A second family of process thermal imagers has evolved that is specifically designed to measure temperatures from edge to edge of moving products. These are commonly known as line scanners, or simply scanners.
Scanners consist of an extremely fast-response-speed radiation sensor that “looks” at the end of an inclined mirror. The mirror is attached to a high-speed motor that rotates. In this way, the pyrometer scans through a viewing angle, allowing it to “see” and measure objects along that scanned line. The scanner view is usually through a durable sapphire window that seals the enclosure. For flat products, edge-to-edge temperature variations can cause significant quality problems, and multiple pyrometers are required to provide more coverage.
Once multiple sensors are used, measurement costs increase and there are still unmeasured gaps. For example, pyrometers may have an accuracy specification of +/-0.3%, so one may be within specification and measuring 0.29% high and another may be similarly within specification and reading 0.29% low. In that example, there’s almost a 0.6% difference between the two sensors, which have both passed the manufacturer’s +/-0.3% accuracy testing. At 1200°C, that is over 7°C difference. Figure 4 shows the different measurement areas from single-point pyrometers versus a scanner.
In a fraction of a second, the scanner can scan a temperature profile through an 80- or 90-degree angle and sample 1,000 discrete temperature points. That is like having 1,000 radiation spot thermometers across the process with each one having the exact same matched calibration. Because a single sensor makes all those temperature measurements, there are no differential accuracy errors like there are with separate pyrometers. So, if the scanner indicates one edge of the strip is 3°C hotter than the other edge, it really is.
Compared with a process thermal-imaging camera, a scanner is superior for products with a linear movement. Conversely, a scanner isn’t capable of producing a thermal image of a static scene, such as the inside of a furnace, and a process thermal-imaging camera is best suited to that environment.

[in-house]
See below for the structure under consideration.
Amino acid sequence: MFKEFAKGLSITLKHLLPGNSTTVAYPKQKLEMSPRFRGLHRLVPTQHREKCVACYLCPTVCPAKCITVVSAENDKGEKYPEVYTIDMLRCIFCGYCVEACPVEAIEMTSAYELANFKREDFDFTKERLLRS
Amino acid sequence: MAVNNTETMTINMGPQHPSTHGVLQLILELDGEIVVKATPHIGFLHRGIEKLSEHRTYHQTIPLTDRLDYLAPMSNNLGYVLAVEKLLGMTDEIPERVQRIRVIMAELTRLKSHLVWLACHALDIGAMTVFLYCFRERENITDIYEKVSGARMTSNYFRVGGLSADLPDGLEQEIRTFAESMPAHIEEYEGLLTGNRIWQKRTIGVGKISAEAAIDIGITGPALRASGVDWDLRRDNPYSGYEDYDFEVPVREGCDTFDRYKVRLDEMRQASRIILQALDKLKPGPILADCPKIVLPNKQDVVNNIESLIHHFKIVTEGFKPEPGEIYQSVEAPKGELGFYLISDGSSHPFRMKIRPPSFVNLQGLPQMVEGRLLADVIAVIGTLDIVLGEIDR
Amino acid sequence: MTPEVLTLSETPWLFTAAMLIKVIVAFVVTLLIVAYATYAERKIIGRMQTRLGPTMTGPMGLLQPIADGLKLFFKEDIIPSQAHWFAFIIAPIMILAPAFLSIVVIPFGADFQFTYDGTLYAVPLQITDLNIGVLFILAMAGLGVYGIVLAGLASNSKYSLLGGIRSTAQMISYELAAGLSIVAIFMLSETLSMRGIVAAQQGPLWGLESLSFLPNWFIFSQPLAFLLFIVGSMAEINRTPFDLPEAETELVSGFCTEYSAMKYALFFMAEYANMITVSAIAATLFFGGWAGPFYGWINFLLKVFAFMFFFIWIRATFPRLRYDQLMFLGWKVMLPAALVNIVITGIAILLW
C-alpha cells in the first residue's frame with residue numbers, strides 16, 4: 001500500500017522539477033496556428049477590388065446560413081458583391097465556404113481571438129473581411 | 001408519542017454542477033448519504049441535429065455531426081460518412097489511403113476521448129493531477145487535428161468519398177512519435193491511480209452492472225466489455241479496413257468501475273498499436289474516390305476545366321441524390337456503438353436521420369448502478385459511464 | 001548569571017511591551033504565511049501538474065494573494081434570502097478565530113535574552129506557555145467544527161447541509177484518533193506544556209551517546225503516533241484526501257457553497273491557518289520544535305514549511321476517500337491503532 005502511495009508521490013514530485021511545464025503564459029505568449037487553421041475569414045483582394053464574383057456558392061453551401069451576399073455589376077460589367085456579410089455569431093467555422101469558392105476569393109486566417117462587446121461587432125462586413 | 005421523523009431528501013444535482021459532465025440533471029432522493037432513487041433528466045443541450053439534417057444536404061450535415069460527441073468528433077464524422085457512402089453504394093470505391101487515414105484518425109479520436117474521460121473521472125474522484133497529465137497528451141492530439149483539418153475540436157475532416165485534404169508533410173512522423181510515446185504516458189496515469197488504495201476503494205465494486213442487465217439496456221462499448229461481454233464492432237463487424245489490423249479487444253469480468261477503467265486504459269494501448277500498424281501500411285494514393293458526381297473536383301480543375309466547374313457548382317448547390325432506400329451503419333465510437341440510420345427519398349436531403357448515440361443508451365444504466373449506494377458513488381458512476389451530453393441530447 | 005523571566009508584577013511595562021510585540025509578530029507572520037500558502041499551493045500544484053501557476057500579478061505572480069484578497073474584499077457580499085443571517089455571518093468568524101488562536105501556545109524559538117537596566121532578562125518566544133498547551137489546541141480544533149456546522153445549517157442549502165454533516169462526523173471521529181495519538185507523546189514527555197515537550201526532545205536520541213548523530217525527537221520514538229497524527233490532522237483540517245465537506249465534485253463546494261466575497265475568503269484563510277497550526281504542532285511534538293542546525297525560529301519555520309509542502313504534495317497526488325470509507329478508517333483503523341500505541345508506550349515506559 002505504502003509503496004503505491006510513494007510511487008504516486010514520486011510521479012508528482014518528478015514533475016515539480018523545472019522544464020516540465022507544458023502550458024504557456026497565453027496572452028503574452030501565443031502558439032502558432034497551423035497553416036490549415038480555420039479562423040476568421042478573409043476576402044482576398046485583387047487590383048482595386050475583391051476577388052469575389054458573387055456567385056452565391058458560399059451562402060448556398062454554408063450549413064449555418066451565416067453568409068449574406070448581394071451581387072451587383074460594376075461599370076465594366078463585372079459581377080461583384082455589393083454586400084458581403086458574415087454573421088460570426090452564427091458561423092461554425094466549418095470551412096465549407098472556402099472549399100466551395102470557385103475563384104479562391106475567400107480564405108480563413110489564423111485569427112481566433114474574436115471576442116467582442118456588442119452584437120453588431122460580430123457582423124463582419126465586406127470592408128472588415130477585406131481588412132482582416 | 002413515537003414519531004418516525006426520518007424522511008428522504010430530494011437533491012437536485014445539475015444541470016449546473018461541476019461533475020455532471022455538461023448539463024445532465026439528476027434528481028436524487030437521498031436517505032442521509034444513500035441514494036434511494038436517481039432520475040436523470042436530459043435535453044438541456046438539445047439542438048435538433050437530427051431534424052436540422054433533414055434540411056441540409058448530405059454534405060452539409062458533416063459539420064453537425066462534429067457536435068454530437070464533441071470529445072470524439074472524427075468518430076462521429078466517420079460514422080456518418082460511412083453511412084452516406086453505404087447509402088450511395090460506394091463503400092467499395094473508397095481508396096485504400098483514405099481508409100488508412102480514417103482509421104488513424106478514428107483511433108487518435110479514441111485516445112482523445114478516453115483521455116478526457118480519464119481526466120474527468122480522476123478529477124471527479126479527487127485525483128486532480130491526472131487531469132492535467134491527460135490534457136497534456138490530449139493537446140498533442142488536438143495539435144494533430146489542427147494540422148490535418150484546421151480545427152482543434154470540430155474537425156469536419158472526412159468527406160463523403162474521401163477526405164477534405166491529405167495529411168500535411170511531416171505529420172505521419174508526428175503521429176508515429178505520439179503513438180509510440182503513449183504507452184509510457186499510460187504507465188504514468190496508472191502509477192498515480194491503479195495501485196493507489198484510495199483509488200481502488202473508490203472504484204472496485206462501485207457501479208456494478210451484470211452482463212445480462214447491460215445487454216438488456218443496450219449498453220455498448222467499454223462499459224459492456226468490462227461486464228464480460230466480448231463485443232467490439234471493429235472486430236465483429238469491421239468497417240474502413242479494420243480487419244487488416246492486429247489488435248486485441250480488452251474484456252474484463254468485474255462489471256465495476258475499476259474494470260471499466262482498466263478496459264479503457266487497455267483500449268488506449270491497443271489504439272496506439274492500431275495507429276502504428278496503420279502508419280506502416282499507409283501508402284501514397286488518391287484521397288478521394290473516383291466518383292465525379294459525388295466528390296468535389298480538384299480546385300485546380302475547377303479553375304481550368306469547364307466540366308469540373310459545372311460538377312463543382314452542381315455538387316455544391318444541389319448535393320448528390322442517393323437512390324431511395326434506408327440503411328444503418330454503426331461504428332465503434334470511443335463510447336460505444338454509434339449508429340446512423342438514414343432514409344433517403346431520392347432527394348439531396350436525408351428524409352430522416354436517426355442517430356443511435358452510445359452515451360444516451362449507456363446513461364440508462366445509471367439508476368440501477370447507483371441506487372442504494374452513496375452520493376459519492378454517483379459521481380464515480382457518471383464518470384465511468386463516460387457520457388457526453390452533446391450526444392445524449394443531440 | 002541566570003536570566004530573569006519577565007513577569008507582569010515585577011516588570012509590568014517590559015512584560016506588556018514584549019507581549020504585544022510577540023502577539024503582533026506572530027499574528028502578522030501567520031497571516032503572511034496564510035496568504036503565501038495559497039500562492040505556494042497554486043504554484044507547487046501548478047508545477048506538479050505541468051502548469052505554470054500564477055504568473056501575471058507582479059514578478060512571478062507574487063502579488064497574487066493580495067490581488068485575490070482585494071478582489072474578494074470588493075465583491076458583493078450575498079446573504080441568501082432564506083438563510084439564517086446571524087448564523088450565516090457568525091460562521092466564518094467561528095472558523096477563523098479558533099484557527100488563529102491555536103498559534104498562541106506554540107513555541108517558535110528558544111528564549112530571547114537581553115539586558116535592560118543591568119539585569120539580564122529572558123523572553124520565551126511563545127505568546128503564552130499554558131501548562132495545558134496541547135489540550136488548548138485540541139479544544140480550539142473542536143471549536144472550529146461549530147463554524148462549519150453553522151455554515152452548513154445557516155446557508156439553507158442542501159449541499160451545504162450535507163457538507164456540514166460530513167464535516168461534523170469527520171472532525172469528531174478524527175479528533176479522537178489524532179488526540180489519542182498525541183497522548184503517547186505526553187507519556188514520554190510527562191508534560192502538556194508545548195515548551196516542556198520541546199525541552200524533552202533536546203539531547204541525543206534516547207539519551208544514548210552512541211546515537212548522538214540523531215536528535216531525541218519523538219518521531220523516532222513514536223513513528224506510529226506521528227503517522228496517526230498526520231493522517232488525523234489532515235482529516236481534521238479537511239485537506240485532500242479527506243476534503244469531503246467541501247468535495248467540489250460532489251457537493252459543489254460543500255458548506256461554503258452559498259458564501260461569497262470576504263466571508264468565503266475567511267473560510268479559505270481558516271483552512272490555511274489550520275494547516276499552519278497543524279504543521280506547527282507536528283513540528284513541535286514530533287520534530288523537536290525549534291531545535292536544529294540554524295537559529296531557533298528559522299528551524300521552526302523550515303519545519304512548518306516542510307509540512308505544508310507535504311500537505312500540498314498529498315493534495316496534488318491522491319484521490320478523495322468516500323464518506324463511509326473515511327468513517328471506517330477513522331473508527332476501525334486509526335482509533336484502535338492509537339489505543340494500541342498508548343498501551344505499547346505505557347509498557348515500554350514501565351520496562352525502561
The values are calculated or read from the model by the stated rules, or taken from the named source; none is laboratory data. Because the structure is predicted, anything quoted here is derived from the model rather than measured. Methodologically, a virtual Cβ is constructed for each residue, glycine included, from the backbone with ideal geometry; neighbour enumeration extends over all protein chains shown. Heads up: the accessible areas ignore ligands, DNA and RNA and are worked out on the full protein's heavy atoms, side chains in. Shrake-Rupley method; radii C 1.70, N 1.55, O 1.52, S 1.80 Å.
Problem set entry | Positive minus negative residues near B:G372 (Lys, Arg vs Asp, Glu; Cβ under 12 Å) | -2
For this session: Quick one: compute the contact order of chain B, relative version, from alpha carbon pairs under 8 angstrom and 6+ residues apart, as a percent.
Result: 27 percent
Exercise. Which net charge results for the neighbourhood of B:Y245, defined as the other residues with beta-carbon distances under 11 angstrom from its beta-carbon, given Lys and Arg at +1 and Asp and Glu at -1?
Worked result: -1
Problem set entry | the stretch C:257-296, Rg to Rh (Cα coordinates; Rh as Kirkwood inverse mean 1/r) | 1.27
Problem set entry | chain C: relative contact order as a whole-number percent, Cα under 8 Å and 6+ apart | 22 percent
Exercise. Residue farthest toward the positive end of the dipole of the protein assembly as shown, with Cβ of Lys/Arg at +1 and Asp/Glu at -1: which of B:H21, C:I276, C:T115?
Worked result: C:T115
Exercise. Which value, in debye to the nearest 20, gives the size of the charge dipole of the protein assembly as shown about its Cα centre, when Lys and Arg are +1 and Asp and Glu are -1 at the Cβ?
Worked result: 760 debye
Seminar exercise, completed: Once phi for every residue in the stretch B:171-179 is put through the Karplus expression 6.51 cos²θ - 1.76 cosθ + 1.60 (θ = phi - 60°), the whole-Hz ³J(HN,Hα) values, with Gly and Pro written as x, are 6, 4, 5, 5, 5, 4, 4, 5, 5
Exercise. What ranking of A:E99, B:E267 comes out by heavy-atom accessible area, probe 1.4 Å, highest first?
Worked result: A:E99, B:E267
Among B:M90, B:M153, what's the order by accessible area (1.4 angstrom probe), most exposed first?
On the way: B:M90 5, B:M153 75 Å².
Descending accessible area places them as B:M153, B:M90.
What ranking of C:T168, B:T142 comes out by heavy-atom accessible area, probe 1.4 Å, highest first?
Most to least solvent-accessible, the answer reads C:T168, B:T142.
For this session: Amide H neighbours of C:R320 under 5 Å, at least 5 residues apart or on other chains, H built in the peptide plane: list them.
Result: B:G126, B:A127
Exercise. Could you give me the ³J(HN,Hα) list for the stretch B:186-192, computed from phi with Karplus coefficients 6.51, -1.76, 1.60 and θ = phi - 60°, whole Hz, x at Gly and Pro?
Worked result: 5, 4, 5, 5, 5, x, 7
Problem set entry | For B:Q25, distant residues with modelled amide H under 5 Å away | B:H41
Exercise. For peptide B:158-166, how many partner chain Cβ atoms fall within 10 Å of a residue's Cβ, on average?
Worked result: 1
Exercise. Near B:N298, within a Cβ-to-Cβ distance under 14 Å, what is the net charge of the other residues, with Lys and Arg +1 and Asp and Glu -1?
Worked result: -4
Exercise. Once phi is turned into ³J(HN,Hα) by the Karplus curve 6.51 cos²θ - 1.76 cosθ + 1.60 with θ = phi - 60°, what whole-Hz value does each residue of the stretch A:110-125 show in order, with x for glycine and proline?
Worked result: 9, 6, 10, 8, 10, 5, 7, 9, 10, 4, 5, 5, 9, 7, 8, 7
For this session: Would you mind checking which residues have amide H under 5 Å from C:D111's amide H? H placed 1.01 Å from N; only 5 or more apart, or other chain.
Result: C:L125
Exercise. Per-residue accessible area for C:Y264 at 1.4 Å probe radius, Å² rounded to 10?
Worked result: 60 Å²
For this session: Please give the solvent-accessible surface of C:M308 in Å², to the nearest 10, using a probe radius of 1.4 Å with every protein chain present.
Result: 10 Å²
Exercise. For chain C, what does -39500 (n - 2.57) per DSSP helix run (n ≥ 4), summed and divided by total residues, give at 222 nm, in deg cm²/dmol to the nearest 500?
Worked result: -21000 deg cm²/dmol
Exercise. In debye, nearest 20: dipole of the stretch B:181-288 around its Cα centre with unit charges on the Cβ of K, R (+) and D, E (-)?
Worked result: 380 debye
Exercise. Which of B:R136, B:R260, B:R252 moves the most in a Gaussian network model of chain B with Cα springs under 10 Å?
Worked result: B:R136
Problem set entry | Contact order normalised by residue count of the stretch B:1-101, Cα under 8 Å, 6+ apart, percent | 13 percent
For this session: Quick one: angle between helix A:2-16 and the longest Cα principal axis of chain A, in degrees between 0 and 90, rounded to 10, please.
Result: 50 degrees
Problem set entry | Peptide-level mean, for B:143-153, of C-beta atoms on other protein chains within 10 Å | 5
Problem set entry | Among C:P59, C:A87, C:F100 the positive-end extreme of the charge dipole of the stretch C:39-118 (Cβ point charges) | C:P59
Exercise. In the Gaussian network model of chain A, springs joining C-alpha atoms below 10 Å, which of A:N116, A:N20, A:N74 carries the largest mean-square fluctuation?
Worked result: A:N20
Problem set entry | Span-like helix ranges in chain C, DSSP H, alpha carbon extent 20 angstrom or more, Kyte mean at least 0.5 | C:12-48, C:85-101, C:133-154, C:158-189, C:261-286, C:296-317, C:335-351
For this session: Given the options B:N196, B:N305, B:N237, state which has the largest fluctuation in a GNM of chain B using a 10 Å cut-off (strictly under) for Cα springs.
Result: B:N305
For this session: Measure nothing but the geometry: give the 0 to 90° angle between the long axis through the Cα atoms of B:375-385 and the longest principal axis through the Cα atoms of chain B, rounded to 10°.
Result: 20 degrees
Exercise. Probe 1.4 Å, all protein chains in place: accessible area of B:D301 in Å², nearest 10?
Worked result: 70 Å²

Scanners operate at frequencies up to 150 scans per second and measure 1,000 data points in each scan, producing a cross profile. They are ideal for fast linear-moving products in a rolling mill. These profiles are rapidly stacked together to provide a real-time thermal image of the product. This high-density thermal image is extremely useful in understanding the thermal properties of a product.
Figure 8 is the thermal image from a scanner in the same location. Notice the operator side of the strip is approximately 50°F colder than the centerline and drive side. The temperature profile produced by a scanner at the last finishing stand showed a flat temperature profile, so it was easy to determine that the problem was caused in the laminar cooling section. The red stripe marked on the image shows the area that would have been measured with a single-point pyrometer, which would not detect the temperature imbalance. Scanner zone outputs across the whole width of the strip provide signals to feed back to edge-masking controls in the cooling section.